So the onus, I’m afraid, is on the US and the UK governments to really get to grips with the impact of this war on civilians.
The Coalition of the Gobbling should bear in mind that there will doubtless be follow up studies. At some point, they will have to take responsibility for their iniquitous, callous slaughter. History is unlikely to judge any of the three warmongers lightly.
In contrast to his disempowering Whorestralian emissary, George Pell, Pope Benedict XVI decried the results of the warmongers’ folly in foreign lands in his Easter message.
Afghanistan is marked by growing unrest and instability. In the Middle East, besides some signs of hope in the dialogue between Israel and the Palestinian Authority, unfortunately, nothing positive comes from Iraq, torn apart by continual slaughter as the civil population flees.
We note with a wry chuckle that if Benedict’s recent medieval declaration whipping fearful sheep back to the papal fold that “hell is a place where sinners really do burn in an everlasting fire, and not just a religious symbol designed to galvanise the faithful” is correct, the Coalition of the Gobbling aren’t going to have much fun in the hereafter.
The monkey was included as the 9th animal of 12 animals in the Chinese Zodiac about 2600 BCE.
Monkeys have been held sacred and/or in high esteem for centuries: the Hanuman Langur in India, the Rhesus Macaque in China and the Japanese Macaque (Snow Monkey) in Japan. Monkey folklore existed before Taoism, Buddhism or Confuciusism.
Three of the world’s greatest teachers lived and taught in the Far East within the same century.
Buddha (563-483 BCE) born in India, preached for forty five years. Buddhism arrived in China in the 1st or 2nd century and in Japan 522-645 AD. In 788 A.D., a Chinese monk, Saicho, founded the Tendai Buddhist sect in Japan.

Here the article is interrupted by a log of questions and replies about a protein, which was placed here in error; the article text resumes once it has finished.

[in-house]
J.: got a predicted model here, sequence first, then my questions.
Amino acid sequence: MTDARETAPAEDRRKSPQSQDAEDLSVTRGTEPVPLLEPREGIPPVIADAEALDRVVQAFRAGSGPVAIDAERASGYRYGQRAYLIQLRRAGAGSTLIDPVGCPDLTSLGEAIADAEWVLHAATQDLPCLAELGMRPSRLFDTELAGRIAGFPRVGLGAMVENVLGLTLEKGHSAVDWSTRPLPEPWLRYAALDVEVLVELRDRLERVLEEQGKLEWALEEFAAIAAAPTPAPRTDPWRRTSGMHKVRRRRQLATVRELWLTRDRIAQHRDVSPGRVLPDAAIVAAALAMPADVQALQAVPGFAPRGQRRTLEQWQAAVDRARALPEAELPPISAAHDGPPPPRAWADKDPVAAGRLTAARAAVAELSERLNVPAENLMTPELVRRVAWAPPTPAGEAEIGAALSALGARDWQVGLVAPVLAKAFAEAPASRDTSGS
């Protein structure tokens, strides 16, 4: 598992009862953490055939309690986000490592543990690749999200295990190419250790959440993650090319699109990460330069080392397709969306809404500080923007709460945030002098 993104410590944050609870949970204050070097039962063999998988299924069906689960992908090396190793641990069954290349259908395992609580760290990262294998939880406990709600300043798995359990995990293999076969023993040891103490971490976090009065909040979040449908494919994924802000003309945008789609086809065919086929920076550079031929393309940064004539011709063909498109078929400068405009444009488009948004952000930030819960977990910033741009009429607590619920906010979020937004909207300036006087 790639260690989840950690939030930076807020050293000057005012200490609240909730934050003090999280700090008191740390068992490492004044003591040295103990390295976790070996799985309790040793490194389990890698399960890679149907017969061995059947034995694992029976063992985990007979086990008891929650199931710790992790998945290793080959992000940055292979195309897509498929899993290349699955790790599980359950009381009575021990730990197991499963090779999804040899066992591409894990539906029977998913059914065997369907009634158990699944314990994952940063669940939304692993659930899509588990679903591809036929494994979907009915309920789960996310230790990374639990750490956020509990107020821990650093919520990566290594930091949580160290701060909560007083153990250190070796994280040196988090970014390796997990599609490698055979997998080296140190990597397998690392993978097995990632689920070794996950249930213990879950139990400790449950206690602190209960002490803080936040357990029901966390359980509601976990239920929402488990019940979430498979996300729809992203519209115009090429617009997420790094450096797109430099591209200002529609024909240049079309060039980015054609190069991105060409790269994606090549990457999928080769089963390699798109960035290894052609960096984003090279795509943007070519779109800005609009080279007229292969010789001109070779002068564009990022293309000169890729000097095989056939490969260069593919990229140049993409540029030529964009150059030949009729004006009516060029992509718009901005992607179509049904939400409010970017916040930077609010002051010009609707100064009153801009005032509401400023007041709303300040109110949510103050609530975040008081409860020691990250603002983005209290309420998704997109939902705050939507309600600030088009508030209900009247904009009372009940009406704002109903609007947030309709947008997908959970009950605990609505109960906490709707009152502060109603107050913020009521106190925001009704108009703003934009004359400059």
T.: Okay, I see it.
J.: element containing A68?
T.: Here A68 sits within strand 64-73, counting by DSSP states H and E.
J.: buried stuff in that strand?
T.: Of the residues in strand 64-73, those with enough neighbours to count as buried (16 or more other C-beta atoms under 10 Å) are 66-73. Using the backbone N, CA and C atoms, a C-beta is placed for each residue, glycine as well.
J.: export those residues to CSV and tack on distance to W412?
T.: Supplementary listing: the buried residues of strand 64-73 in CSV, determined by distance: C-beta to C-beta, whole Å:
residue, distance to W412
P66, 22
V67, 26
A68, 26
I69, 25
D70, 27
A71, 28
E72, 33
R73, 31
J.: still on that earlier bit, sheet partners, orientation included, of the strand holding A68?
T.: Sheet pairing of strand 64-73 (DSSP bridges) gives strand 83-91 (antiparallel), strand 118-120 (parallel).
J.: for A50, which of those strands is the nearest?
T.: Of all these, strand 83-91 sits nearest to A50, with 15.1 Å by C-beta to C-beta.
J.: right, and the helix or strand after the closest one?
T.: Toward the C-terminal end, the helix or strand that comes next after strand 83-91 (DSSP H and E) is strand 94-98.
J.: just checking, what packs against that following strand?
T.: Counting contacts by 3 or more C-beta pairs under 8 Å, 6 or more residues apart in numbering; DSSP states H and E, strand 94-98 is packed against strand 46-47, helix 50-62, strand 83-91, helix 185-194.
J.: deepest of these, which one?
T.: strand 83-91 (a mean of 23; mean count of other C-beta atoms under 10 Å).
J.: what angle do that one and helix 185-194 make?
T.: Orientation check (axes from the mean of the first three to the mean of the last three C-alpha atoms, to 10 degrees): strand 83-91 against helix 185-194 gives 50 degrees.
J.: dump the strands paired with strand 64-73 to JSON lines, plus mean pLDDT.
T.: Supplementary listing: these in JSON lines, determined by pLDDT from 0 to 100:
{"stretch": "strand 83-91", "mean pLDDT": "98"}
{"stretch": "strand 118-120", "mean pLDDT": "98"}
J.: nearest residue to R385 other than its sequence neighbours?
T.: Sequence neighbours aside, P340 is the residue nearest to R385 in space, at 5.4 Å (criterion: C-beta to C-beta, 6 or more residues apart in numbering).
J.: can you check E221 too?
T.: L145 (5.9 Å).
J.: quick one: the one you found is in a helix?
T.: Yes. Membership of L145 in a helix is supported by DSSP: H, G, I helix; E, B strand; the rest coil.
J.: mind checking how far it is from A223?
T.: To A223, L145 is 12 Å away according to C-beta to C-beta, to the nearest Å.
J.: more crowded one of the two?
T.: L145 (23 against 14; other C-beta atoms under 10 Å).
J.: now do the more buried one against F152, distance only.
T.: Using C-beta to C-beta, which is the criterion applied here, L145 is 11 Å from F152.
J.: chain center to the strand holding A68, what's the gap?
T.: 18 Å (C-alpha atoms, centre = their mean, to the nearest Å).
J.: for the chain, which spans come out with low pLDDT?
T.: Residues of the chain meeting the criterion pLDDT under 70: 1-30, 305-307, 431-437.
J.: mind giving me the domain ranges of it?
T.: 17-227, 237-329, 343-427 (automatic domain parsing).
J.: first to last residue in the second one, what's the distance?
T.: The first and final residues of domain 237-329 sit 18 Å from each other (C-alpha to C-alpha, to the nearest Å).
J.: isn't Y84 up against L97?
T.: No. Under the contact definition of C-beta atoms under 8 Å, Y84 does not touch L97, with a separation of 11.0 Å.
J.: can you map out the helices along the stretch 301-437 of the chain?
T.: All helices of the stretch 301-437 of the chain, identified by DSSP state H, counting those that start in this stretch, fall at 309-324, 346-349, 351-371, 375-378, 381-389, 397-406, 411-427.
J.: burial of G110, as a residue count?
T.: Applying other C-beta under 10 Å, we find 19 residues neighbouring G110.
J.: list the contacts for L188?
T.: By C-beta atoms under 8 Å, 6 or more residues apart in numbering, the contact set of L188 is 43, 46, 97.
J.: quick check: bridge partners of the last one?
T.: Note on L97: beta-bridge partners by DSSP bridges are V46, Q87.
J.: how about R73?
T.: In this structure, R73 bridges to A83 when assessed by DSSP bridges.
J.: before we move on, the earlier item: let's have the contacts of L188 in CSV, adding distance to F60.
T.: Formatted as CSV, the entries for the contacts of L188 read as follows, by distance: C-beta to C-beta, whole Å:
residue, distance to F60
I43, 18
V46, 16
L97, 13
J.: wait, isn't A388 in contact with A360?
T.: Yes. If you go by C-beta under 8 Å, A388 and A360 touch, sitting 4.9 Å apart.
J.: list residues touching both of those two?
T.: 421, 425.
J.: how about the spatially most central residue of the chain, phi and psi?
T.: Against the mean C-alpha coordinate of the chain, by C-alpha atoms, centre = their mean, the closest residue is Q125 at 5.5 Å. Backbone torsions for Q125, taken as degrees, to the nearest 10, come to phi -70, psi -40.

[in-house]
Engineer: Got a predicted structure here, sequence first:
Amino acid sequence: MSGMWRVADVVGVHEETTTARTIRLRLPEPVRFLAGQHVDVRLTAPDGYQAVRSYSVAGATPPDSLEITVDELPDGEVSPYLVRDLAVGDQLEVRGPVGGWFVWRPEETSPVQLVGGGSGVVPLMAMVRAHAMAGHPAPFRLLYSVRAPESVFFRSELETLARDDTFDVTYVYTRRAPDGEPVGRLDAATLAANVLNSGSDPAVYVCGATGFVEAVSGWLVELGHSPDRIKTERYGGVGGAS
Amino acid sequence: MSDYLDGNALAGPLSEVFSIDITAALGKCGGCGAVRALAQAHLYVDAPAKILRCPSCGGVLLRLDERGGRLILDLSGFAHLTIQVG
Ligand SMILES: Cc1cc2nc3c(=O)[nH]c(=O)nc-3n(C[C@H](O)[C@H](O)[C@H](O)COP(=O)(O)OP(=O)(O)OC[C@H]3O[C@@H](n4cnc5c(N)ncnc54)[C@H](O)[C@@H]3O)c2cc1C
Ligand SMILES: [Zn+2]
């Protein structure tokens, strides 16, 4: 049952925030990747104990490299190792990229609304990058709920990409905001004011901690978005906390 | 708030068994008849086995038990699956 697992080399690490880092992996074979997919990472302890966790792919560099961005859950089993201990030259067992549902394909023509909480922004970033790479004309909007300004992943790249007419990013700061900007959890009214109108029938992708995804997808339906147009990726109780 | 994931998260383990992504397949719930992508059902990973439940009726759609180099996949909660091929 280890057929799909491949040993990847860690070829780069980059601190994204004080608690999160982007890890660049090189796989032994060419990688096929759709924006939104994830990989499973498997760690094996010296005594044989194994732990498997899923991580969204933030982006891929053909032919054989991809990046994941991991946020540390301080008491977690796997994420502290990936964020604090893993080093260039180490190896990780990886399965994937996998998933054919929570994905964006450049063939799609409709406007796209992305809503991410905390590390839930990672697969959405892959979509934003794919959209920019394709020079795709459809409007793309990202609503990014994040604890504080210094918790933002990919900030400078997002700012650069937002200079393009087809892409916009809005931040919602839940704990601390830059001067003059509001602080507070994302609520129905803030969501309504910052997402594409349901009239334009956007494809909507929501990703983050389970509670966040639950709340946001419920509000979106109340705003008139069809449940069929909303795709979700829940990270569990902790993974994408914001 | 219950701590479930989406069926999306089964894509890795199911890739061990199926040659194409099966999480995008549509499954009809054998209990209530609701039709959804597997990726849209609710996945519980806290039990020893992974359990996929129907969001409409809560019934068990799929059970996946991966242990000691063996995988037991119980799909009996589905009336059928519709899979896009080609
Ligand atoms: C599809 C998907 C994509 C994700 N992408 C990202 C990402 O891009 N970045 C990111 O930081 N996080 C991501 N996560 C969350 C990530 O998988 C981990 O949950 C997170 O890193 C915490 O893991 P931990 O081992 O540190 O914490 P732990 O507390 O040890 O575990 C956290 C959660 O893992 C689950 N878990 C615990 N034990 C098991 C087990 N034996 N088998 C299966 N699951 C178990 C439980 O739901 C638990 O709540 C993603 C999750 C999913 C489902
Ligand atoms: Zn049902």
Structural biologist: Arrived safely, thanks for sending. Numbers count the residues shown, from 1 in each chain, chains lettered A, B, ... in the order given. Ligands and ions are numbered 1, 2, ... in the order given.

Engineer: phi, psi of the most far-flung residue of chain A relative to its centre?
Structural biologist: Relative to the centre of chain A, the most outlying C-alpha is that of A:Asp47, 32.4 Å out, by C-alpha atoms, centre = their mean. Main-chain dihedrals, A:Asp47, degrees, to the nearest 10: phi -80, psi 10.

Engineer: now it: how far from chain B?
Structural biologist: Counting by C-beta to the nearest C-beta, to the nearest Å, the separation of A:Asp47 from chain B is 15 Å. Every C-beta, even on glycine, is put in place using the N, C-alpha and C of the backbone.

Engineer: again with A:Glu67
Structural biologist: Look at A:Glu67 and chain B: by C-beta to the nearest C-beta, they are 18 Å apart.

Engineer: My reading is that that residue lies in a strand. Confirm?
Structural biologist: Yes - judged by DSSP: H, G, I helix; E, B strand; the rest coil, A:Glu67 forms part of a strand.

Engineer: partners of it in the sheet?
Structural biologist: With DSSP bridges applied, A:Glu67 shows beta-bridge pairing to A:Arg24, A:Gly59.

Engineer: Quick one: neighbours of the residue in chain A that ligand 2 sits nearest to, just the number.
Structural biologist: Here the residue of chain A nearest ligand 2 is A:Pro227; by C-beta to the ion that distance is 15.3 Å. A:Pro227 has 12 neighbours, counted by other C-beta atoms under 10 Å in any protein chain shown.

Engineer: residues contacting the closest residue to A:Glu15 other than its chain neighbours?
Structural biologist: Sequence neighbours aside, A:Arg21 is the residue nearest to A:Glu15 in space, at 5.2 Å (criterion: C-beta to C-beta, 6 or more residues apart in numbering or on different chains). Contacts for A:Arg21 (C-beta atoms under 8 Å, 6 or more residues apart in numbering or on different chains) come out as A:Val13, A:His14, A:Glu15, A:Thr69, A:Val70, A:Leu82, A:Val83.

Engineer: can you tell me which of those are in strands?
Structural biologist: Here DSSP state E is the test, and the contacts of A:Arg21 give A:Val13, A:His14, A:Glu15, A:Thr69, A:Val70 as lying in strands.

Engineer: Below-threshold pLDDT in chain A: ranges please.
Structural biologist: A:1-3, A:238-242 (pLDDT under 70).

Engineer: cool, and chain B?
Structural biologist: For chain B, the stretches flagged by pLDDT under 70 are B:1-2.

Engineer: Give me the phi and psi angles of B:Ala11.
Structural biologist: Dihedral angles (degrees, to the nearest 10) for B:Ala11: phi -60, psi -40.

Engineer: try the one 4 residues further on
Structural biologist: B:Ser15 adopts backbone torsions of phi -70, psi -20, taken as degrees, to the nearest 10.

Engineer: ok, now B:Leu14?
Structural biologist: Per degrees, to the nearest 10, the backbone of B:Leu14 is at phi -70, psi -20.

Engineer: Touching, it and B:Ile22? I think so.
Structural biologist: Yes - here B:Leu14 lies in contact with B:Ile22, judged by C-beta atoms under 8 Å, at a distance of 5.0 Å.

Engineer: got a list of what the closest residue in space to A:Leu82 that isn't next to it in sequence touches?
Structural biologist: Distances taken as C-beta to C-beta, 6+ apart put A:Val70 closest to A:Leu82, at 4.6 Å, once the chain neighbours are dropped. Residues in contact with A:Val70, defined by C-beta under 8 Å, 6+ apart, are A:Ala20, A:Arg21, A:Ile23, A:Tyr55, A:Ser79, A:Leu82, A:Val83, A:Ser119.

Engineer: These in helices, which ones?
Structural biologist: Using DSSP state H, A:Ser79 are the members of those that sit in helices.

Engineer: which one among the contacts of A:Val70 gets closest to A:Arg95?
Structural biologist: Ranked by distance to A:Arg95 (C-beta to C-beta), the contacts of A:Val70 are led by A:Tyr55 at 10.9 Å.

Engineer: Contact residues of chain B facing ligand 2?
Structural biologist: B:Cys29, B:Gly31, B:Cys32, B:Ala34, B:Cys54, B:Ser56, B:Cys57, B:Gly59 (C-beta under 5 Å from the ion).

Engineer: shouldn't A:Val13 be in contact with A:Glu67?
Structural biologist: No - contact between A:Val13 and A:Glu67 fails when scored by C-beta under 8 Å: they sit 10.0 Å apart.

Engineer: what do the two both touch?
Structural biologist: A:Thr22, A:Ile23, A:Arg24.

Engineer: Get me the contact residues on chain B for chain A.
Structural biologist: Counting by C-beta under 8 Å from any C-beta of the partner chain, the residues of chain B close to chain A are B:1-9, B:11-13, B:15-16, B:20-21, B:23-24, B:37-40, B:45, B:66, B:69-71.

Confucius (551-479 BCE) in about 500 BC wrote the Chinese Book of Rites or Li Chi. “Li” means regulation of conduct, custom and law, and “chi” means book. Confucius advises “look not at what is contrary to Li, listen not to what contrary to Li, speak not what is contrary to Li.”(XII.1) Confucius edited the Book of Poems (dating from 1,000 B.C. to 600 B.C.) from 3,000 poems to 300 poems. He said the 300 verses can be summed up in a single phrase, “Don’t think in an evil way.” (II.2)
Lao Tse (604-531 BCE) a Chinese philosopher, founded Taoism. A Taoist folk tradition, known as the Koshin belief or practice, was introduced to Japan from China during the leadership of three succeeding monks of the Tendai Buddhists: Saicho, the founder(762-822), Ennin (792-864) and Enchin (814-891). Koshin worship spread in Japan during the 10th and 11th centuries and flourished until 1868.
Late in the Muromachi period 1333-1568 it became customary for the three monkeys to appear on stone pillars in Japan during the observance of Koshin. Some believe the monk Saicho was the first to have drawn the image of the three monkeys. However Saicho died in 822 and for a period of approximately 700 years not one drawing, scroll, tablet nor koshin stone depicting the three monkeys has been recorded.